- Theresa May defeated a Brexit amendment brought forward by Yvette Cooper that called on the prime minister to delay Brexit.
- MPs voted 321 to 298 to reject the amendment, which would have triggered a new law seeking to extend Brexit beyond March 29.
- Cooper would have had the power to bring a binding piece of legislation before Parliament that could force May to seek an extension from the European Union.
- Any extension would have needed unanimous support from other EU countries.
LONDON – Theresa May has defeated an amendment which could have forced her to delay Brexit.
Members of Parliament voted 321 to 298 to reject an amendment brought by Labour MP Yvette Cooper, which was designed to allow MPs to force the prime minister to extend the UK’s negotiating time with the European Union beyond March 29.
14 Labour MPs helped May’s government defeat the amendment.
The defeat means the House of Commons will not have the opportunity to vote on a new bill, which could have forced May to seek an extension from the EU if no Brexit deal is agreed to by MPs by the end of February.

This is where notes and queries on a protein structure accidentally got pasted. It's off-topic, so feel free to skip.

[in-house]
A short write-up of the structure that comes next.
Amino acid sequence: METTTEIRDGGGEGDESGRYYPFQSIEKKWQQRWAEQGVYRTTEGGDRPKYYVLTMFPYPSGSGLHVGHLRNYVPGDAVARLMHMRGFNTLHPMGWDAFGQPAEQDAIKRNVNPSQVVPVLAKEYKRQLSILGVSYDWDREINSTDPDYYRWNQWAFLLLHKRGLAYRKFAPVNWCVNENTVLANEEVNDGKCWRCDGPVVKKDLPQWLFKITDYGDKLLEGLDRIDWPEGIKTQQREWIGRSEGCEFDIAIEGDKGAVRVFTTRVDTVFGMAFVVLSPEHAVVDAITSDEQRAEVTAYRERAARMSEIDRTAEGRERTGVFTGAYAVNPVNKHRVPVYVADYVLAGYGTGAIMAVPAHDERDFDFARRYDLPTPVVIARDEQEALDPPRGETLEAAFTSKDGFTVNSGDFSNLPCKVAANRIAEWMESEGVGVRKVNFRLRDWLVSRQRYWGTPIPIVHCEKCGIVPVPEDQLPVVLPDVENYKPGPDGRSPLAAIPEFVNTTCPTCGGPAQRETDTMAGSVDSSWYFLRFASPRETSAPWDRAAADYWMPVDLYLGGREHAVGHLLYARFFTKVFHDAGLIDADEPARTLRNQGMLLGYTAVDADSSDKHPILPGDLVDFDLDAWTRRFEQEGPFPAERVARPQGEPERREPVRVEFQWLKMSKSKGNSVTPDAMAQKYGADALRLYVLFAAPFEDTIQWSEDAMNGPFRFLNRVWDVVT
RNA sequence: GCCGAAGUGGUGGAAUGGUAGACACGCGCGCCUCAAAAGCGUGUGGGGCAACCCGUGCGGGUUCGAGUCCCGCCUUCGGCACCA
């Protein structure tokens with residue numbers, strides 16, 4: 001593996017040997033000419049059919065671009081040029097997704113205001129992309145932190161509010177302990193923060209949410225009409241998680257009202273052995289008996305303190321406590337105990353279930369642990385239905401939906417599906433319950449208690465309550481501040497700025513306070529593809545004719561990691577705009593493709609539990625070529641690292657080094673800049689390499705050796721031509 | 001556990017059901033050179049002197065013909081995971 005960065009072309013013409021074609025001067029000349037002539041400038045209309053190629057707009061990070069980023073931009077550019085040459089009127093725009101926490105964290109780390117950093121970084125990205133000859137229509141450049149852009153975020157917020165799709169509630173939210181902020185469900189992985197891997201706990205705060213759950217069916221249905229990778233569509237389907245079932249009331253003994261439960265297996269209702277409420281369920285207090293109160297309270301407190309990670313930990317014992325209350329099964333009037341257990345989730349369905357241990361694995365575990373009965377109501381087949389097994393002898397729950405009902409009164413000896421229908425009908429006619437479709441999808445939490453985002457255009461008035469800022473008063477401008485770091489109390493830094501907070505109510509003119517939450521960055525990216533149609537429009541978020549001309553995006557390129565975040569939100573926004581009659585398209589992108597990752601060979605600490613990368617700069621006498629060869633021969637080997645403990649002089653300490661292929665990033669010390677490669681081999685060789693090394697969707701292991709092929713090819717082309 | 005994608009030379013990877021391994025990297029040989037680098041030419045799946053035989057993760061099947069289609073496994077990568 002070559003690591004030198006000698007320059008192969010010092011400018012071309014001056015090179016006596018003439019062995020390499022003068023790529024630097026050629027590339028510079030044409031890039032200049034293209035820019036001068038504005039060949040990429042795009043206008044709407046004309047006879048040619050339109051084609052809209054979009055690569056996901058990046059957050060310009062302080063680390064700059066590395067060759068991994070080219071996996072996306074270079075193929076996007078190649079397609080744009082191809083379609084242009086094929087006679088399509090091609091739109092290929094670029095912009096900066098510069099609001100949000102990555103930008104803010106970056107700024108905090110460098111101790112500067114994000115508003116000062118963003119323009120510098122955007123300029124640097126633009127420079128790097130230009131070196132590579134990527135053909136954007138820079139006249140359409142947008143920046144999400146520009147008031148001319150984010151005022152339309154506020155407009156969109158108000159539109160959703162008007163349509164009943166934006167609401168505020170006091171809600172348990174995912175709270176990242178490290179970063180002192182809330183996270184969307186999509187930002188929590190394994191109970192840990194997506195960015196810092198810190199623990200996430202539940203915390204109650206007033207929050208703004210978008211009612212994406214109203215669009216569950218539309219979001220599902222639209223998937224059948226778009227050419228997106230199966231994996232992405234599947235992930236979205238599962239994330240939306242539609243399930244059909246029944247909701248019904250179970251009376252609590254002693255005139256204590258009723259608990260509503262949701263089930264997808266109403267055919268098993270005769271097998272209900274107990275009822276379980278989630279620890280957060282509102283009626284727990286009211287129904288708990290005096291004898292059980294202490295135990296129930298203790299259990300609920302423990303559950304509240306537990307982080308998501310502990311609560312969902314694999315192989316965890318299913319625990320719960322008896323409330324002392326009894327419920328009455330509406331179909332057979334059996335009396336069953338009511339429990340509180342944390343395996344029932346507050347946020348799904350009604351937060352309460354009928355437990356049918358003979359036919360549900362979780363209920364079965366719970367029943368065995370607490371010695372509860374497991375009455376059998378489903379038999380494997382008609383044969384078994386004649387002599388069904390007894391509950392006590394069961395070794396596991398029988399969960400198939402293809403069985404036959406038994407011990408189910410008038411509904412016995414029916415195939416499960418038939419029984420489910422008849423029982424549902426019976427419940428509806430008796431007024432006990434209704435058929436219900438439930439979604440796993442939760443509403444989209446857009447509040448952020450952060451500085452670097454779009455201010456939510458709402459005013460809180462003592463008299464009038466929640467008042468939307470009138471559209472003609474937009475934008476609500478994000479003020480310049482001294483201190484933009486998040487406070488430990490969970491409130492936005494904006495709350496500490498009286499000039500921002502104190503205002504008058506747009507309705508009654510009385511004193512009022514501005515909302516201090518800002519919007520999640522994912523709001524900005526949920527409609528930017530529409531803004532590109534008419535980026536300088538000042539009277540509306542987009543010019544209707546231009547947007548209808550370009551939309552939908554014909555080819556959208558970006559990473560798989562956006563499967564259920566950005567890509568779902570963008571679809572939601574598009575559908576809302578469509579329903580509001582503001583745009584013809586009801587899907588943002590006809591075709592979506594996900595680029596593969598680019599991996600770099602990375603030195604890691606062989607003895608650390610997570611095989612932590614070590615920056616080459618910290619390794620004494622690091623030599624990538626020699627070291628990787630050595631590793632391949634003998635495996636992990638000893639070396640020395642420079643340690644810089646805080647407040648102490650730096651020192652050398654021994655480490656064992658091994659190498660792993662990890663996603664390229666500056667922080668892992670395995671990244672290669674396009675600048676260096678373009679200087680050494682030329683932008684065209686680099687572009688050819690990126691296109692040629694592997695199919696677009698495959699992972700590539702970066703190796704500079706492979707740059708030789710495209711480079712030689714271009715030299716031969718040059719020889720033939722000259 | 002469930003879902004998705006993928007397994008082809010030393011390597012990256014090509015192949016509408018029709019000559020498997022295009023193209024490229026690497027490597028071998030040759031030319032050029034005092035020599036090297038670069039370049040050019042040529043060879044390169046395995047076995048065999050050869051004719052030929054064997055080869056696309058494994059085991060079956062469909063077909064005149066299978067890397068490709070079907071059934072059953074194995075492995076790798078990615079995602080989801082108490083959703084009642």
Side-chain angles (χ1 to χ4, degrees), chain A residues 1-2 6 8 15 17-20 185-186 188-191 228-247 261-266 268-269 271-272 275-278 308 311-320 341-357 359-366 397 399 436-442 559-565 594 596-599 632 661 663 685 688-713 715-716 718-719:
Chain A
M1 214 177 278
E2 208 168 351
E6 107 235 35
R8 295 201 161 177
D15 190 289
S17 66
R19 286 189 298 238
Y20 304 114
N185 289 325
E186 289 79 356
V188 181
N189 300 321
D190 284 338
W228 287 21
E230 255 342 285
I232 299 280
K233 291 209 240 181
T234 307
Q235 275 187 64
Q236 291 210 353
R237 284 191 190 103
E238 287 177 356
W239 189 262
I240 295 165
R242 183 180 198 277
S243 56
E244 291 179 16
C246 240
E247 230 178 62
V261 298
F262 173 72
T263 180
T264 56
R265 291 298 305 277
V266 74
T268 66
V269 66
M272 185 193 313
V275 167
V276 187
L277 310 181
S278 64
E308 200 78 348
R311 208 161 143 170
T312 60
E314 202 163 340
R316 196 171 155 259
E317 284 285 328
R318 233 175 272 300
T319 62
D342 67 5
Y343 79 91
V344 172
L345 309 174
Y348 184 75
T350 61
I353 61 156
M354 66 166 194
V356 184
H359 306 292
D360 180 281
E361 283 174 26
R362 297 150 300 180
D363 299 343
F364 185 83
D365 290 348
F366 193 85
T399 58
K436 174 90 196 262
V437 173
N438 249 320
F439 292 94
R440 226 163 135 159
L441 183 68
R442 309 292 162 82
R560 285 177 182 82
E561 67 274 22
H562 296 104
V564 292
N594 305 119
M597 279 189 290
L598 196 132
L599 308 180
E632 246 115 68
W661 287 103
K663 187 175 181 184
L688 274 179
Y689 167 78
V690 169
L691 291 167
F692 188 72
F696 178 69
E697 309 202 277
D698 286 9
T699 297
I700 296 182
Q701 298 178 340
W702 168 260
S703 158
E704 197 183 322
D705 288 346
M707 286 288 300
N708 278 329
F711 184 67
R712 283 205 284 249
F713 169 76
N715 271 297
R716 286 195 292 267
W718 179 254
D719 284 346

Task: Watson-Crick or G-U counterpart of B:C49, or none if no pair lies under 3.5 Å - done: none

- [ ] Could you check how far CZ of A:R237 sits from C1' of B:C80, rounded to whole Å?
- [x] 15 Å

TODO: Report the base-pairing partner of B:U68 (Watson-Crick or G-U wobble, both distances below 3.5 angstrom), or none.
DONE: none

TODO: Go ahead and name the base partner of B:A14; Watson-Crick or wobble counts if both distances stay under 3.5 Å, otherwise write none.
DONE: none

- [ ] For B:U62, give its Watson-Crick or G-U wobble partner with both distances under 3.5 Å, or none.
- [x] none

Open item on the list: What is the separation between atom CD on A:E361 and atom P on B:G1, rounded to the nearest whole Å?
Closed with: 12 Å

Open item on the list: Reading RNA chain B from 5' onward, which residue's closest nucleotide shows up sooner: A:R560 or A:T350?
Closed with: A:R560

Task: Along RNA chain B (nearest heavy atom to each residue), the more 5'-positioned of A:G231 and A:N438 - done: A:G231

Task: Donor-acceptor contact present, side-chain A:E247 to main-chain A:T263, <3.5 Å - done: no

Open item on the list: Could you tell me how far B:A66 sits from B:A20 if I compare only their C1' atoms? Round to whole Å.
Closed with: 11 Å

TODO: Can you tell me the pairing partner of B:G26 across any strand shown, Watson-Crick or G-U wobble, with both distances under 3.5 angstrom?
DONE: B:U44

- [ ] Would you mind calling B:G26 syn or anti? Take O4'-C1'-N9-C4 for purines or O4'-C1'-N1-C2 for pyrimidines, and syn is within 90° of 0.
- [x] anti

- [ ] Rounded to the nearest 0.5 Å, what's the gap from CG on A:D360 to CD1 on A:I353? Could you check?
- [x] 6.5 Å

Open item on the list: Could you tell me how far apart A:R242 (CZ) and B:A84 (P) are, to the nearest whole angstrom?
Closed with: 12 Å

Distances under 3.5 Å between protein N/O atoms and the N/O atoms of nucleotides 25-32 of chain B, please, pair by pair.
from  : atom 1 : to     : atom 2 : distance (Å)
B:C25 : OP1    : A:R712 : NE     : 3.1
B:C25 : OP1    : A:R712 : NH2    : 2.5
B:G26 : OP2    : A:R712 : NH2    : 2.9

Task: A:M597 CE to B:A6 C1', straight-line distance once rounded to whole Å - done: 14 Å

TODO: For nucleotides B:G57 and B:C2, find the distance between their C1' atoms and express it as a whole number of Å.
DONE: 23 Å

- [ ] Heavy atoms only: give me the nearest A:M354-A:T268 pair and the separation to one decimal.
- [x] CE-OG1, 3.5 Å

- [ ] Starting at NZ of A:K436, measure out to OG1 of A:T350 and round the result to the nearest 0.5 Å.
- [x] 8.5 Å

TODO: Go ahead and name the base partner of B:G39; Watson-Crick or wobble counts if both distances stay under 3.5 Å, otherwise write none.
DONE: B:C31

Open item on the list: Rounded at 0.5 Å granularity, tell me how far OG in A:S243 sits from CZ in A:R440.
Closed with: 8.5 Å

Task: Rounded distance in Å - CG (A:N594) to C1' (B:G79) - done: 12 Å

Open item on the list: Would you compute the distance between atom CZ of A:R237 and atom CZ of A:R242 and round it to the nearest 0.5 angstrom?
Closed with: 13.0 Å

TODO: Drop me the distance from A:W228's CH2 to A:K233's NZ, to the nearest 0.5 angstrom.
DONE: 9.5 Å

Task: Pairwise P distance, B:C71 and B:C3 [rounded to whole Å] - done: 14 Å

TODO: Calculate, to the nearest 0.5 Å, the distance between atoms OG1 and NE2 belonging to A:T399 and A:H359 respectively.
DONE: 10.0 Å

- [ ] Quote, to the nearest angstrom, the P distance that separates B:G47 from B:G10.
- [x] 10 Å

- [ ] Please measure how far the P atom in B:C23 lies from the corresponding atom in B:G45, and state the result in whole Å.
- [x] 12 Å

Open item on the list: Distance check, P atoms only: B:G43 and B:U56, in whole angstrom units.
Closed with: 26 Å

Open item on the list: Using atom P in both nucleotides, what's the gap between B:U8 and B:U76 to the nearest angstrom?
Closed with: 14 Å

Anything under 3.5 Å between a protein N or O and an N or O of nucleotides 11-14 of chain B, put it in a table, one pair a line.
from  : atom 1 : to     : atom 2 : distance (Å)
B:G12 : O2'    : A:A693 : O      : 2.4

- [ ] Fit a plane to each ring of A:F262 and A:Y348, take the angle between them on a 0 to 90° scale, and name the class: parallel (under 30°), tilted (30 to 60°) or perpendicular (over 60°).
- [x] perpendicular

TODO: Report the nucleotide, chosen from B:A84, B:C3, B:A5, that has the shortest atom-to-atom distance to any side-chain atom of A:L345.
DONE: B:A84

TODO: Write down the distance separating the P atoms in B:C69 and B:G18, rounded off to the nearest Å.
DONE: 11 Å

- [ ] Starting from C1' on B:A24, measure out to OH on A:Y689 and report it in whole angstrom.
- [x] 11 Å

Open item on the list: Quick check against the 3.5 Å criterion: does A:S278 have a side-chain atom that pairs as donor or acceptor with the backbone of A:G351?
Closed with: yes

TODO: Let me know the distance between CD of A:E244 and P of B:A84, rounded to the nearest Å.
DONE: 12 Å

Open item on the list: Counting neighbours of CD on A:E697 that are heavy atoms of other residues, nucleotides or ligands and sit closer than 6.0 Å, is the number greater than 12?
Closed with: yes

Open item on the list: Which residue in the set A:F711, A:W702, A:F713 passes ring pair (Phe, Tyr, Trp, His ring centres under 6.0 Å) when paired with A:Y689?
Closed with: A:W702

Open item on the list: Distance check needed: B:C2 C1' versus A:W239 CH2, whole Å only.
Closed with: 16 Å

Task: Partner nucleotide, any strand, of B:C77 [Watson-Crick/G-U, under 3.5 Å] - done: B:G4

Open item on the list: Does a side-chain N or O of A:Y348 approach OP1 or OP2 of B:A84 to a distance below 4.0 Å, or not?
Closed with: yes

Any extension would have needed unanimous support from other EU leaders.
Senior EU figures have not ruled out an extension. However, any such measure would likely need to have a purpose, such as to enable a deal to be ratified by the UK parliament, or to allow a second Brexit referendum, or general election.
The amendment was backed by Labour Party leader Jeremy Corbyn, who told his MPs to back the amendment, saying that it was now “inevitable” that Britain will not leave the EU at the end of March.
“It’s inevitable that the government will have to extend Article 50 in any scenario,” Corbyn said.
However, a significant number of Labour MPs, including those on Corbyn’s frontbench, were concerned that backing the amendment would trigger a backlash among Labour voters who support leaving the EU.
The pound dropped after the news of Cooper’s amendment falling.
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